Friday, November 14, 2008

Jamie Dimon for Treasury?

Well, what the heck.

Since we here at NotMakingThisUp already endorsed one candidate for an important financial post in the new administration (see “Jaimie Caruana for Fed Chairman!”), let’s do another: Jamie Dimon, CEO of JP Morgan, for Treasury Secretary.

Now, this idea actually has a shot—Dimon has been giving advice to Obama himself; consequently, Dimon's name has been tossed around as a candidate for Treasury, along with one even bigger name: Warren Buffett.

Buffett, I suspect, would rather stick needles in his eyes than take a political position reporting to the Senator Foreheads of the world. Can anybody seriously imagine Warren Buffett explaining financial markets to “Friend of Angelo” Chris Dodd?

(I recently bet a woman at a book signing that Buffett would never take the job. Actually, she bet me. She asked if I thought Buffett would be the next Treasury Secretary. I said something to the effect of “Not a chance,” and she immediately bet five bucks. I’ve already spent the money.)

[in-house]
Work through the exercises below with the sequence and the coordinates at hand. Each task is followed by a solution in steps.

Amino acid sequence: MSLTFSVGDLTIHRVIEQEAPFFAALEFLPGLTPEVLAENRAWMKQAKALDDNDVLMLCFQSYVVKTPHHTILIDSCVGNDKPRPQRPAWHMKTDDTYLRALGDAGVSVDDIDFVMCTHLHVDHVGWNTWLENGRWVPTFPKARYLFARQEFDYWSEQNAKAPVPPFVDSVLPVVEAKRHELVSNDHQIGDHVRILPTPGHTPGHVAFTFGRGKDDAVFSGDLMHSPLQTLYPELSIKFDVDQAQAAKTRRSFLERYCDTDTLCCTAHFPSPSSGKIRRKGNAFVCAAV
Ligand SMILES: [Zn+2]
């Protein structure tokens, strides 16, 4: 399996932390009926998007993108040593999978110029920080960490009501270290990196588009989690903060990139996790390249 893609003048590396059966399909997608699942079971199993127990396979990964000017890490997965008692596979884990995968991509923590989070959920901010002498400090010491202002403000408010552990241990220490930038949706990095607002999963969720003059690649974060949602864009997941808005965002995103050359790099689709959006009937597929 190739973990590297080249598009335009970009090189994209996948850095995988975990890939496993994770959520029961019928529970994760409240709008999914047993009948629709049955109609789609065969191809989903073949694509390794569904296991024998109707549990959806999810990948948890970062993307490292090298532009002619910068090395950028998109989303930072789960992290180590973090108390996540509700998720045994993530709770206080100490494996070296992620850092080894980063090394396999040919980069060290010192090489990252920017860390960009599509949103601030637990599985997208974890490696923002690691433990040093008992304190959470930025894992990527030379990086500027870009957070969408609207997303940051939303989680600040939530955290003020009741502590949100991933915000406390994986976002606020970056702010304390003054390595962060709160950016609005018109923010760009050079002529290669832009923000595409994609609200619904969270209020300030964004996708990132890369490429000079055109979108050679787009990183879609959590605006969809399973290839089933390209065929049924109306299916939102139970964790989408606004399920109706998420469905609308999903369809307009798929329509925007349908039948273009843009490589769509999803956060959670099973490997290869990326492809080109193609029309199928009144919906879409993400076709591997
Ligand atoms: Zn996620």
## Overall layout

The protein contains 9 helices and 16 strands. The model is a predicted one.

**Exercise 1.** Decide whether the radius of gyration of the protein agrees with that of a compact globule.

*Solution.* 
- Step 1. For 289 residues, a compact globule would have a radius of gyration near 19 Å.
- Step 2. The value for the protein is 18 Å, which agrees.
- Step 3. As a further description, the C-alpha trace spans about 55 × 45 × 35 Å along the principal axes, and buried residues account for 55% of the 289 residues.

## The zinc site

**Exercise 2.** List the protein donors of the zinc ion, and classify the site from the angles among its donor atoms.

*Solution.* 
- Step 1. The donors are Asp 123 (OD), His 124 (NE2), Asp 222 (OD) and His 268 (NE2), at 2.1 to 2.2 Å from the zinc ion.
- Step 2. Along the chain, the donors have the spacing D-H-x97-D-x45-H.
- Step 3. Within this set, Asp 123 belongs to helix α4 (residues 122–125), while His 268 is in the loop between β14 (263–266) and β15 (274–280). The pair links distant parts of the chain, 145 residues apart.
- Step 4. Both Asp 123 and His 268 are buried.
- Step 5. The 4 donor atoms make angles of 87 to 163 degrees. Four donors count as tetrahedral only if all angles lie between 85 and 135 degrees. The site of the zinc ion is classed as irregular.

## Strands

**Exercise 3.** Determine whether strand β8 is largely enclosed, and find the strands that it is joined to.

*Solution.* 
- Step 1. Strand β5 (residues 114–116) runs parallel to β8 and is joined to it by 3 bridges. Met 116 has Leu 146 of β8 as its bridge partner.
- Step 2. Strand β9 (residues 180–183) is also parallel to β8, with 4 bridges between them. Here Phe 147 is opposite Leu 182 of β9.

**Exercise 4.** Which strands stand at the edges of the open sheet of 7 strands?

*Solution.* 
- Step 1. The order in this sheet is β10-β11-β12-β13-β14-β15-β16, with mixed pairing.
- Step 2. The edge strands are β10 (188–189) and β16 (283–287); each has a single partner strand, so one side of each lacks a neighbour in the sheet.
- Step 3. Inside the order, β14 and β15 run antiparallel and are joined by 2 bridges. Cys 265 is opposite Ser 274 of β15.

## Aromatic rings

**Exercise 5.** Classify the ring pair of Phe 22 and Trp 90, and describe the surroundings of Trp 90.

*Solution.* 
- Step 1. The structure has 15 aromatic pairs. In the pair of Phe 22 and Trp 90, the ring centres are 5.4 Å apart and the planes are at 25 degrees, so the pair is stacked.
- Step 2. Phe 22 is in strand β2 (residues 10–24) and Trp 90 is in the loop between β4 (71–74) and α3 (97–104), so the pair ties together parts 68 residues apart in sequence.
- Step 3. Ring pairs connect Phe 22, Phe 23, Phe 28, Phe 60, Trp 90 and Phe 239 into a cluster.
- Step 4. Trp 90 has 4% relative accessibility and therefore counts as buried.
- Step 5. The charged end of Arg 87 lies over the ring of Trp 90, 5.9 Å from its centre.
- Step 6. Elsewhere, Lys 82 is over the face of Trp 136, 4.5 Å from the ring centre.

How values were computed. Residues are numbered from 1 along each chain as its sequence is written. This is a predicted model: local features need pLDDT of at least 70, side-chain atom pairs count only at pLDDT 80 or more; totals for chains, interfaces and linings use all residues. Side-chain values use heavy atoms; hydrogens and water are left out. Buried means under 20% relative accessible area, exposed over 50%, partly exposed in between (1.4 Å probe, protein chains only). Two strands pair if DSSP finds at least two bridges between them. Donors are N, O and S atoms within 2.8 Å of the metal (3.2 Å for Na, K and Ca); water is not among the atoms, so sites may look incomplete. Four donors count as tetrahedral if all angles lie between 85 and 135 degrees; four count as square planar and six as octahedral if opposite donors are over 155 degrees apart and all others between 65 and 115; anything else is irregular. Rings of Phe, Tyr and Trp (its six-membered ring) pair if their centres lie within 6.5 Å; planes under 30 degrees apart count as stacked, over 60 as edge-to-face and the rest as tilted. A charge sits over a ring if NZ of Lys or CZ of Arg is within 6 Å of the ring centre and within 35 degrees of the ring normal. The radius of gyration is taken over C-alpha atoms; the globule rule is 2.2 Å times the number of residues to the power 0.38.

But Jamie Dimon is something else. Speaking at a recent Merrill Lynch conference, Dimon gave perhaps the best explanation for the financial freeze-up I’ve ever seen, and it didn’t involve charts or graphs.

“Let’s do a little interactive questionnaire right here,” Dimon said, breaking off an attempt to answer a question about when lending will start to ease up. “How many of you have moved money from riskier assets to risk-free assets, to protect your investors’ capital?”About half the hands in the room went up.

“You’re the problem,” he said, smiling, but making the point. “You’ve made the right decision for your business, but until people start moving money the other way, we’re stuck.” [Those are not all exact quotes, but quite the gist of his comments.]

Even Chris Dodd could have understood him.

Dimon also gave a rousing windup to his talk, saying that anybody betting against the U.S. was making a huge mistake. He defended Bernanke and Paulson—“They’re making decisions on the fly,” he pointed out, adding that despite all the talk about how slowly the administration is moving, his counterparts in Asia are impressed with how swift the actions have been in comparison to past history.